Valiant Hearts: The Great War
Also going by its French name, Soldats inconnus : Mémoires de la Grande Guerre was made back in Ubisoft's “indie phase” with their in-house UbiArt Framework. They seem to have abandoned this model after 2015 and focused on larger projects. While I can only assume, these titles, including the new 2D Rayman games, Child of Light and a Gravity Falls game for the Nintendo 3DS, have not been as successful as they expected. But I am hoping for a strong return, because a powerful gem like Valiant Hearts proves how easy we take games for granted.
Valiant Hearts: The Great War takes place during the first World War and is the recollection of four intersecting stories. Karl is drafted into war by the Germans and separated by his French wife and child. Emile, a French soldier and Karl's father-in-law, is captured by the Germans and forced to become their cook. Anna is a Belgian veterinarian who uses her medical skills to save lives on the battlefield as a nurse. Freddie is an African-American who volunteers to join the French army after his wife is killed during a bomb raid in Paris coordinated by the antagonist of the game, Baron Von Dorf, which you will face at various times in the game. All characters have intense emotional traits about them and their stories and that's what elevates the game beyond the point-and-click gameplay. It's a beautiful adventure game that I can't recommend enough!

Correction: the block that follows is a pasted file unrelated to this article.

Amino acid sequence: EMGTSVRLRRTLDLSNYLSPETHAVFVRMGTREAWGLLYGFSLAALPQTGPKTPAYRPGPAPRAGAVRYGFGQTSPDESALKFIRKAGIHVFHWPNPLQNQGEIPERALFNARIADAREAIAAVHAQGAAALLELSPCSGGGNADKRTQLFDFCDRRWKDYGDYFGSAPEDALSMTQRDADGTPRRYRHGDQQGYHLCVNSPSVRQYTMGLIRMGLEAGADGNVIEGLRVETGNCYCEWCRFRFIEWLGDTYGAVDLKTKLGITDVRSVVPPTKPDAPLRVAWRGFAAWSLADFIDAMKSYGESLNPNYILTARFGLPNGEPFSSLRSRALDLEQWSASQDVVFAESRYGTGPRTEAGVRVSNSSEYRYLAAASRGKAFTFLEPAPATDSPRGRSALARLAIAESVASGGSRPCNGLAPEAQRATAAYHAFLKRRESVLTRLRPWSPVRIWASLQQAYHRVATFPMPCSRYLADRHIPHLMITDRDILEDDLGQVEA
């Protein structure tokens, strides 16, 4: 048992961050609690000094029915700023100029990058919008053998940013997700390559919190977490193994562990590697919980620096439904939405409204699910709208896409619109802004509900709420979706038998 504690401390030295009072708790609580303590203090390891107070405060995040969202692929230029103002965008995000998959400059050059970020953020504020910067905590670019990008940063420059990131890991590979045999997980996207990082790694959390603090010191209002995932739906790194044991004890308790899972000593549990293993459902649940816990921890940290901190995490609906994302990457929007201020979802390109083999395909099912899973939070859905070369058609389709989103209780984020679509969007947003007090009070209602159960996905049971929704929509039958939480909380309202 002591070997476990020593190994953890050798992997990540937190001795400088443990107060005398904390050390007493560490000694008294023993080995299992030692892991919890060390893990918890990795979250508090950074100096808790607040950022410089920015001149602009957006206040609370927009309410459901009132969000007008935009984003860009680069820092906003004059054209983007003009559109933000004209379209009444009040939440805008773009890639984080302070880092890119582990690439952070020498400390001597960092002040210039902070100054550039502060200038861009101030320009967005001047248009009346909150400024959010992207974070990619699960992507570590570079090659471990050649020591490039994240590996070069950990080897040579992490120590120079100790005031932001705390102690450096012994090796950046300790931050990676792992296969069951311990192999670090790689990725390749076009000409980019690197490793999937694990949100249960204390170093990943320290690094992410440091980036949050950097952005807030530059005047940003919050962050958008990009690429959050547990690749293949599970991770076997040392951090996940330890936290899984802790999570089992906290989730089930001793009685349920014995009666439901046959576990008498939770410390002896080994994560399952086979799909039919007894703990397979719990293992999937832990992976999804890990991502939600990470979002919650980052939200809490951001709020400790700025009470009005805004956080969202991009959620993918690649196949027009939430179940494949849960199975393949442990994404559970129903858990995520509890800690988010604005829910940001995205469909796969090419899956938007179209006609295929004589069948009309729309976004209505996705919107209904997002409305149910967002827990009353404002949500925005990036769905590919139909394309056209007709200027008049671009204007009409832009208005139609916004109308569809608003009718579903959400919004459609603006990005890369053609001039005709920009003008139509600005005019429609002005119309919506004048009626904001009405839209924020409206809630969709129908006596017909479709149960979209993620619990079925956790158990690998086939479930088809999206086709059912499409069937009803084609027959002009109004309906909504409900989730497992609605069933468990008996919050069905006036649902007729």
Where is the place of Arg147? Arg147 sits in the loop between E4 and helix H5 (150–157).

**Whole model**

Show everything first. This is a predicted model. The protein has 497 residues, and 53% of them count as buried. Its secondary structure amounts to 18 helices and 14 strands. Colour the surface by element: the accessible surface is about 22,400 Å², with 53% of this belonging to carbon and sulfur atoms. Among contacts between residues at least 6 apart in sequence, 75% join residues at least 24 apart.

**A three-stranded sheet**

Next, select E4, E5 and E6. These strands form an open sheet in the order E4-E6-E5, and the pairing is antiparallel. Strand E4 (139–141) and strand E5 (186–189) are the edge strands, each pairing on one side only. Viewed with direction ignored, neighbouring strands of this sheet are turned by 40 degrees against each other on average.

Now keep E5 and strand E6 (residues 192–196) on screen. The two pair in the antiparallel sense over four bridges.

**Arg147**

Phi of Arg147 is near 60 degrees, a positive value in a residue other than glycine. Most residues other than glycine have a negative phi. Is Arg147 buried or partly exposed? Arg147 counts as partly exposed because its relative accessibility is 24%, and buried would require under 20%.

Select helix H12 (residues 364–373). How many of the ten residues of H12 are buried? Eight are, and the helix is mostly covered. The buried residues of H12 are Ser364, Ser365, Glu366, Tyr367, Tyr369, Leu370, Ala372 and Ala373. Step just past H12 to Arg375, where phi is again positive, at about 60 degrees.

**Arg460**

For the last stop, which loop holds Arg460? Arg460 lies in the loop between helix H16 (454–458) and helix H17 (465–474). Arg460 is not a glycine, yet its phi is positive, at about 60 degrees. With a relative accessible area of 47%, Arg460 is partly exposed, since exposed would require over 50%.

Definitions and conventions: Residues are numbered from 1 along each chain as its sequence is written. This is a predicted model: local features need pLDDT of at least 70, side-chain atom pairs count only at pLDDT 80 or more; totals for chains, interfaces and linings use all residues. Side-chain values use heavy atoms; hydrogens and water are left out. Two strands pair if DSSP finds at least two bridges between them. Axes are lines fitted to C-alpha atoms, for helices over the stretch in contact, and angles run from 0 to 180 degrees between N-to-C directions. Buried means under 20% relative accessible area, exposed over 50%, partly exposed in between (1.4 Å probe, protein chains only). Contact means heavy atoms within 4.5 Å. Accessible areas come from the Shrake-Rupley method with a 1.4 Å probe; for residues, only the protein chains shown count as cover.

Watch_Dogs 2
Unpopular opinion: I liked the first game more than its sequel. However, Watch_Dogs 2 did a few things right, improved a lot of quirks from the first game and did away with some features, not all bad. Aiden Pierce was a good character marked by tragedy, but that's the same boring stuff you can say about many other games, and his brooding personality was only outstanding for the subtle noire tone the game had. Watch_Dogs 2 takes place in San Francisco and puts us in the shoes of a hacker who goes by the moniker of Retro in his flashy group of underground hackers, Dedsec. He's Marcus Holloway (voiced by Ruffin Prentiss), a hipster specialized in hand to hand combat and cybernetic warfare. While his personality is much more charismatic and in tone with the upbeat and not-so-serious tone of the game, it can get a little obnoxious after a while. Marcus has his moments and the story does pick up towards the end, but I felt too disconnected from the characters and what was happening to them to really care about what was going on. The combat was slightly improved, there are ways to incapacitate the enemies if you choose to play that way, but there's no incentive or downside to either gameplay style, so you only have your own moral compass holding you back from enjoying the game. I didn't really care much for the colorful atmosphere and cringey jokes, but that's a silly nitpick for a game that's actually pretty good and kind of underrated.